Question: Can a new president change the situation on the front?
Respondent: Both the current and a new one can. It was the case in 1996 when Yeltsin signed a peace treaty in Chechnya before his elections. In principle, such a situation is a powerful asset for both the incumbent and a new president.

Regarding the elections themselves, most informants harbored no illusions about the outcome of the predictable process.

Respondent 1: So why vote when it's definitely going to be Putin?
Respondent 2: He has already chosen himself; there's no alternative.
Respondent 3: Besides, everything is decided without us.

Such a paradoxical approach to elections, and to the broader landscape of internal Russian politics, is widespread, even among those who align with Putin's foreign policy stance. Take, for example, a respondent in a focus group — seemingly the most fervent supporter of the SMO (Special Military Operation) — who justified Kremlin actions by citing Western hostility towards Russia. Despite his support for the war, however, this respondent still criticized the Kremlin’s actions on the domestic political scene, bemoaning the lack of a democratic political process and the absence of the sort of Russian civil society that could serve as catalysts for political change:

“Political life is practically nonexistent here. Consequently, we don't engage in discussions about the events occurring in our city. For instance, there was a scuffle in the Pobeda [“Victory” park]. The news report says: 'Law enforcement agencies will handle everything.' They don't specify what exactly they'll handle or who's at fault. So, you're left there, pondering on your own. I believe we lack a civil society.”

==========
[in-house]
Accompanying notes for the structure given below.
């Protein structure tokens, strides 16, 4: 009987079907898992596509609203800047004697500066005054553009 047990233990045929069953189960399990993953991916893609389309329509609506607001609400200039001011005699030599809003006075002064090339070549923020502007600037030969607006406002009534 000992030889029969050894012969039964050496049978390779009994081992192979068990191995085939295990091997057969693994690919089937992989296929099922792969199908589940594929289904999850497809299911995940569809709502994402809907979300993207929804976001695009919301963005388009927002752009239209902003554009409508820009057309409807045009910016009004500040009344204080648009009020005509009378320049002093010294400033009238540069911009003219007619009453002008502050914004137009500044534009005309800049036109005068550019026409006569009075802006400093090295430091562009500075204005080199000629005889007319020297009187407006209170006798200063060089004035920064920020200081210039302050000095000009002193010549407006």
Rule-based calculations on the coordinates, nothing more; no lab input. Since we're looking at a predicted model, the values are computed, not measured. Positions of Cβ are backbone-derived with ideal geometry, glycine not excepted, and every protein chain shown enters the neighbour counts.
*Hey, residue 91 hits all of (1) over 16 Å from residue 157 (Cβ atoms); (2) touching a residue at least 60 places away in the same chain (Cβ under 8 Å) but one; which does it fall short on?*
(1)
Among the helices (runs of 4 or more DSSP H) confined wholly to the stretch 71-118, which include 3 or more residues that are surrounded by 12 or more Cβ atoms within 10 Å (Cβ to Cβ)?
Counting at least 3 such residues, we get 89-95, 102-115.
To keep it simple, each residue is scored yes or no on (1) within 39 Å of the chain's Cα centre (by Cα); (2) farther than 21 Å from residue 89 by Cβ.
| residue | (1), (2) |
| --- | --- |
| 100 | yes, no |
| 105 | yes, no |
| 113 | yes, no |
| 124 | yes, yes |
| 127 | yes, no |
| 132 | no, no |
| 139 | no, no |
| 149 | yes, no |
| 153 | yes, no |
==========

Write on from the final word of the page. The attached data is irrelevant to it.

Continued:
While exposing elections as deceptive and declaring their refusal to vote, respondents also discussed how altering the rules of the game could bring about change in the country, potentially involving them in politics, even if only as voters in a legitimate democratic process. A conversation about the potential emergence of a truly independent challenger to Putin went as follows:

Question: So, should such a candidate even exist? Will he get airtime?
Respondent: If he's granted airtime, then yes, but if not, there's no point.
Question: He should definitely receive free airtime if he's a candidate. How could it be otherwise?
Respondent: There certainly should be [a new candidate]. Democracy — that's what it's all about. All opinions should be heard.

In essence, respondents acknowledge that they live in a state without political change and expect to continue living in such a state. However, just because change seems impossible in the here and now does not mean that there couldn't be a different sort of Russia in the future.

What people really want

As they contemplate the elections and potential alternatives, respondents are keenly aware of the specific changes they hope to see. Their focus lies mainly on concrete social issues that demand political resolution:

“I want a president, whether it's Putin, Lavrov, or Shoigu, who presents a clear four to five-year program with a definite plan to improve the construction sector, the economy. People need to see whether he fulfills his promises or not within a year. If he does, it builds trust, and we can move forward. That's the kind of president that truly matters to me.”

Other respondents express similar sentiments:

“We need a president who prioritizes our country and its problems over global issues. Look at regions like the Ulyanovsk region or the Kurgan region; consider how people are living there. Meanwhile, we're heading in the wrong direction. Half of our country's homes lack proper plumbing, and there are even outdoor toilets in the old town. Yet nobody is interested in solving these issues...”
“We must improve our education and healthcare systems to ensure a better future for the next generation.”
“Our hospitals and schools are deteriorating.”
“The pension system needs reform. I strongly oppose the new pension system, which is excessively complex and impossible to navigate. As someone who has dealt with certain financial structures before, I can't even calculate my coefficient or anything.”